Is your adult child estranged? Be careful

Is your adult child estrangedadult child estranged? Be careful.
by Sheri McGregor, M.A.

Around the time of my son’s estrangement, I dropped a heavy piece of equipment on my big toe. Many months later when the fracture healed, I fell, and broke that toe again.

Like many other parents of estranged children confide, I seemed accident prone. Some tell of car accidents, or falls, kitchen cuts, and other mishaps. Could an increase in accidents and injuries be related to estrangement?

Adult child estranged? Be forewarned

On a trip to San Francisco’s China Town some years ago, a steep flight of stairs led down to a basement sales floor. As shoppers descended, a soft voice on a recording repeatedly cautioned, “Watch your step. Be careful of stairs. Have a nice day. Watch your step. Be careful of stairs. Have a nice day.”

As you navigate the stress of an adult child’s estrangement, be forewarned: emotional distress can make you accident prone. So keep these cautions in mind: Watch what you’re doing.  Be careful. Keep yourself safe.

The ongoing stress and anxiety that plagues parents of estranged adults can have side effects. Are you losing sleep? Then you won’t be as alert to danger or as quick to react. Are you forever thinking of your estranged adult child? Preoccupation can put you at risk for injury. If you’re like many parents of estranged adults, feeling sad and lonely, and perhaps still in shock, you may also have dropped healthy exercise routines that aid physical coordination and balance. As a result, you may slip, trip, or fall into a series of mishaps that hurt.

In a study of more than 5,000 men reported on in the January, 2014 issue of Age & Ageing, stressful life events correlated significantly with increased falls. And the risk grew with the occurrence of additional stressful life events. In my book to help parents when an adult child is estranged, you can read about Rowena who is hit with a number of taxing life events at once (as are many of you). Using a method I call P-B-&-J, Rowena took control. She made a careful plan that prioritized tasks and got things done. Taking charge provided Rowena a sort of road map to face her challenges, and stay aware of her needs and actions. Whether you have many life stresses or estrangement alone has shaken your world, awareness of potential risk can help to protect you.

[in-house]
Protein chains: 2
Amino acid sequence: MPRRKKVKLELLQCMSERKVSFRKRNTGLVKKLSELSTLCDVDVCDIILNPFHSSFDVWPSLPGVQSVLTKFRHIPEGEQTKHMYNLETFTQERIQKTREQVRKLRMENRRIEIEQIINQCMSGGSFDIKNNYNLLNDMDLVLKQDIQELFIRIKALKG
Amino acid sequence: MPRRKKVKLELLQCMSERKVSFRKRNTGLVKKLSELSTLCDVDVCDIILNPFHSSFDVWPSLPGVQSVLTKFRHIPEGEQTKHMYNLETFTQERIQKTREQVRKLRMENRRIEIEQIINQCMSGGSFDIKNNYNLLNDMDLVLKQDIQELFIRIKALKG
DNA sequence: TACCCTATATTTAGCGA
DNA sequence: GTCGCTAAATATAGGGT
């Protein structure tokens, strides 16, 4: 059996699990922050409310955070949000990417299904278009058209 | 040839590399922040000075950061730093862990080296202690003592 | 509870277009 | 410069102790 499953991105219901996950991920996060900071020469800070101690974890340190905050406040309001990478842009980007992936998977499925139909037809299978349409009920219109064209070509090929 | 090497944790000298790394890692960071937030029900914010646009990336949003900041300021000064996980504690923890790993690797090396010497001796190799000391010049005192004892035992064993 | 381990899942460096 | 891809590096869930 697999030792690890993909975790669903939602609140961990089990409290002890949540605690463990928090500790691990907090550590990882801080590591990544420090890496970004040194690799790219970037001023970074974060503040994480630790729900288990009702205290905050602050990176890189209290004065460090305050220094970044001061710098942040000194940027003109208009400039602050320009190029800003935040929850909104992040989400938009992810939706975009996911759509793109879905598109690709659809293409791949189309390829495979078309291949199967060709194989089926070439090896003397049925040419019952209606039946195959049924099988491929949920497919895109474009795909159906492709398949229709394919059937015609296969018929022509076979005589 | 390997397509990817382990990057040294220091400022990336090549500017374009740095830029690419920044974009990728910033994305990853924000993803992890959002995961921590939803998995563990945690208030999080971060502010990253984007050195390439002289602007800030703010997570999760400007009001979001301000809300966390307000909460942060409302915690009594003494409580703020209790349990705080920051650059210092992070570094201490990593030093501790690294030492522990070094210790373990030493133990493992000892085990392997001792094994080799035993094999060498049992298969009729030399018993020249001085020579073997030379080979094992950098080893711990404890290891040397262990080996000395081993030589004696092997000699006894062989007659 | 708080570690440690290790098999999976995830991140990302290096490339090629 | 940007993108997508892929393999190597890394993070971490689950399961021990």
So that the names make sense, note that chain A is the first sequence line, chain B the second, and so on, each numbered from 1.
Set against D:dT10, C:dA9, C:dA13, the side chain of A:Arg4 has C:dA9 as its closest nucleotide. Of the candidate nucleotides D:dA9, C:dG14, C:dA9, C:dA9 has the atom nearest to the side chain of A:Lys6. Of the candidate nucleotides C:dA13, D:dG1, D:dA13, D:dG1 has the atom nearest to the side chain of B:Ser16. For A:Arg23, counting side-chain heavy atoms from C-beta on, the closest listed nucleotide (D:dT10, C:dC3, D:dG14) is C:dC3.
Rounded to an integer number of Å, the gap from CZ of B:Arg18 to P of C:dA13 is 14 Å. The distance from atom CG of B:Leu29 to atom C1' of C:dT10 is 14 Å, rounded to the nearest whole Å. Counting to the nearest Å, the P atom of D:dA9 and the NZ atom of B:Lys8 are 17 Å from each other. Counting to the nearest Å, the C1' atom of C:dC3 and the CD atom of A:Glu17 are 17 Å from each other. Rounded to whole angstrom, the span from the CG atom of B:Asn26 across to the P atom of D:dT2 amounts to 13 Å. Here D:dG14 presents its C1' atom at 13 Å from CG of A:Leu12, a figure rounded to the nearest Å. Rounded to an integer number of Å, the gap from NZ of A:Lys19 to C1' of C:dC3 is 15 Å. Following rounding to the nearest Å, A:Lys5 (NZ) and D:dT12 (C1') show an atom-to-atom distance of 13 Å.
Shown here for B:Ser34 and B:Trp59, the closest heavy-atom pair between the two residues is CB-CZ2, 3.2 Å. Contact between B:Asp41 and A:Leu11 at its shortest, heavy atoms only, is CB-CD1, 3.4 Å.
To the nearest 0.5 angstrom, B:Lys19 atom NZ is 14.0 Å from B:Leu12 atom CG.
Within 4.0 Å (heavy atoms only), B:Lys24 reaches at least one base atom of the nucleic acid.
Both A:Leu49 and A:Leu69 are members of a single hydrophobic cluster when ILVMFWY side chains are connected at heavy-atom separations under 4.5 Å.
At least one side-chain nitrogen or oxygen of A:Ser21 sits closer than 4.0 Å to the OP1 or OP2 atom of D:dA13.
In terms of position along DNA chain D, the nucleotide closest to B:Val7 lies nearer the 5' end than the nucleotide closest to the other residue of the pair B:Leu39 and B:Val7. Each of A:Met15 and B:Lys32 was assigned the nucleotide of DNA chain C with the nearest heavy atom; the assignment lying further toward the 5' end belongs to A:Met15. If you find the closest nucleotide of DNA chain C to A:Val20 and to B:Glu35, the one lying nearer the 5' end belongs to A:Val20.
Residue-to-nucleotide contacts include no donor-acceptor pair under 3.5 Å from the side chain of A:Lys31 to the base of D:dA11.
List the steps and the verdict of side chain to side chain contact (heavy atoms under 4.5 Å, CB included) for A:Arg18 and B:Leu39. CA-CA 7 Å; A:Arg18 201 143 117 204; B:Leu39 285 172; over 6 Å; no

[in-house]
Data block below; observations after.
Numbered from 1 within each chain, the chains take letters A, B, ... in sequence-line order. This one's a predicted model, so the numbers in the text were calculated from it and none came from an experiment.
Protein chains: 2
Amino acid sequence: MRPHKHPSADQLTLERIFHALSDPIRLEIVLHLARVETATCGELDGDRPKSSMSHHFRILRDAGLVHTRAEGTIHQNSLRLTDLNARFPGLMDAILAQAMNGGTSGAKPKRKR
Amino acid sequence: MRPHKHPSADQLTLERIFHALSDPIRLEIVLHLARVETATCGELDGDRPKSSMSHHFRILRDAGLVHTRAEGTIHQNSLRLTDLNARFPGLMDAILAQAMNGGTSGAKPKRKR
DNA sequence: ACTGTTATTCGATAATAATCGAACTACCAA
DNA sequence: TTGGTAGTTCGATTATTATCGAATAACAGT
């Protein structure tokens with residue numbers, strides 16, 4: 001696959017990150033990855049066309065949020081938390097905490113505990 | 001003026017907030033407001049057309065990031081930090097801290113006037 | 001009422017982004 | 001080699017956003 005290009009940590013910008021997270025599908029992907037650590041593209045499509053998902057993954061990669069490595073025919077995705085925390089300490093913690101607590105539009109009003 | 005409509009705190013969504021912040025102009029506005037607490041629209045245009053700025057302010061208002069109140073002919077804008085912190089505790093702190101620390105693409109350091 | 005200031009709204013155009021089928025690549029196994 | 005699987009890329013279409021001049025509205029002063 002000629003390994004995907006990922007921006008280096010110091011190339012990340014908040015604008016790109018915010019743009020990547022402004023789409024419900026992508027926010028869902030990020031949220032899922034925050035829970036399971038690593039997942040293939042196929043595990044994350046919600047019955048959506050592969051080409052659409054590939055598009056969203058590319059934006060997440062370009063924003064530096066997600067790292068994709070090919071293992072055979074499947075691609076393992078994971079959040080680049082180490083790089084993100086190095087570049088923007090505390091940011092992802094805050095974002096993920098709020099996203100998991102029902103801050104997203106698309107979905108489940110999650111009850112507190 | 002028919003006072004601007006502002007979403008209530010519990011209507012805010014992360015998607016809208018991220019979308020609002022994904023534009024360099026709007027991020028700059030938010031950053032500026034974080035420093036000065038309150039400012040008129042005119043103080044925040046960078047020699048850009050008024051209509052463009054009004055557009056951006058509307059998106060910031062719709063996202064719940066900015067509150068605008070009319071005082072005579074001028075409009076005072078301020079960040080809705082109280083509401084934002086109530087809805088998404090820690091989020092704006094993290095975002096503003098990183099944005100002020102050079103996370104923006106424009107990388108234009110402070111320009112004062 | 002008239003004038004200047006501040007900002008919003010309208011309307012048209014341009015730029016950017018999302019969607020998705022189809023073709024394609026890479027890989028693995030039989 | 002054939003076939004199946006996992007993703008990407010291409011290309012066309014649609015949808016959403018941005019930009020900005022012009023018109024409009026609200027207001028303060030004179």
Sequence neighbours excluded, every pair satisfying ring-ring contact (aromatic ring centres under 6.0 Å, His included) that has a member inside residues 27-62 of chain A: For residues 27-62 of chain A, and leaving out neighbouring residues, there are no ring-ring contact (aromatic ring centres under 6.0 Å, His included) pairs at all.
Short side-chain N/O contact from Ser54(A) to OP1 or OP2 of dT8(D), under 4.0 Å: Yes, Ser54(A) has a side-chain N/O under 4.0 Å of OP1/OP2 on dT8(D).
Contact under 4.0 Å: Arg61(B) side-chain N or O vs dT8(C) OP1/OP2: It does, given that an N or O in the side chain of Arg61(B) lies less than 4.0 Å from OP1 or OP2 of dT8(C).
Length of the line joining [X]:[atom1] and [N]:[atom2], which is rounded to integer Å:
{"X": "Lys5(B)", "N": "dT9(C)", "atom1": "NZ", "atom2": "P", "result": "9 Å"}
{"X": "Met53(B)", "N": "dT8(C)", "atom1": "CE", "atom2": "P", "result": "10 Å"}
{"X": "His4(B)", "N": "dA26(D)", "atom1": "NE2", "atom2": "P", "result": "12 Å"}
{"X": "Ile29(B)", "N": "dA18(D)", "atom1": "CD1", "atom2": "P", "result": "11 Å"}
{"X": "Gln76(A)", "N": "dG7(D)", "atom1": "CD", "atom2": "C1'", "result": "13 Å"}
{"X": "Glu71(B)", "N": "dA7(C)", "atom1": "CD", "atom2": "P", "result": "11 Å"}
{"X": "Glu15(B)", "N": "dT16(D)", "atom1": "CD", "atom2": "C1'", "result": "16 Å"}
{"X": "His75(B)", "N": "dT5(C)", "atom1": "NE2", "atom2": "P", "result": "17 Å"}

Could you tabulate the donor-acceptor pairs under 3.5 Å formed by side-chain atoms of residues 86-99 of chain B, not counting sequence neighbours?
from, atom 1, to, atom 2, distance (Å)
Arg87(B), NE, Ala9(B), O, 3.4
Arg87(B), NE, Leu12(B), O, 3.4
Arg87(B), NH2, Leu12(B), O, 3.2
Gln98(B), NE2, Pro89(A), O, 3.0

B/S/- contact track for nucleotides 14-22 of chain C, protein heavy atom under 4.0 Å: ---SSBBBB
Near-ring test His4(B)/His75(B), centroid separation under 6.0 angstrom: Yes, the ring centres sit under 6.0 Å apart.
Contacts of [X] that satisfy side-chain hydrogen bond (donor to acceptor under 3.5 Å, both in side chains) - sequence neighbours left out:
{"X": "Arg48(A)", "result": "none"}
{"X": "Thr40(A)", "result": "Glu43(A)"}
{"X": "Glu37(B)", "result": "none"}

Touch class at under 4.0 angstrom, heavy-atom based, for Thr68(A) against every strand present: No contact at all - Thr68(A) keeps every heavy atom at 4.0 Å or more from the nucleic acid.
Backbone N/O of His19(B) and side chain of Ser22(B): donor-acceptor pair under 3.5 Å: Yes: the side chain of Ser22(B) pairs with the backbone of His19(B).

Adult child estranged? Then be careful.
Remain focused. Live one moment at a time.

adult child estrangedIn a 2010 workplace study, researchers found that ongoing emotional stress was particularly predictive of injuries.  An adult child’s estrangement, with all its uncertainties and dashed hopes, brings just that type of emotional distress.

Distraction over emotional issues leads to poor safety habits. Our minds may be divided, which means we’re less likely to notice a pool of water on the floor—and slip. As we cut carrots, or reach into the oven to retrieve a hot dish, our thoughts might be elsewhere—leading to cuts and burns. Exhausted emotionally, and perhaps even physically because of fitful sleep with vivid dreams, parents of estranged adult children may trip over a bump in the sidewalk we just don’t notice, or miss seeing the traffic light change to red.

Maybe you’re more forgetful, too, which can complicate matters, make life feel out of control, and increase stress. One mother of an estranged adult son went to the doctor to have her stitches from a careless kitchen accident removed. While there, she lost her car keys in the medical building. Distraught by the sudden mishap, she hurried back toward the doors, tripped over the curb and fell, breaking both wrists.

Mindfulness can help

The first chapter of Done With The Crying: Help and Healing for Mothers of Estranged Adult Children provides examples of mindfulness to help with negative thinking and move parents into a calmer, more helpful state of mind. The same principle of staying fully present in the moment, rather than letting thoughts drift into painful rumination about the past or uncertain speculation about the future can protect you from accidental injury, and help with forgetfulness too.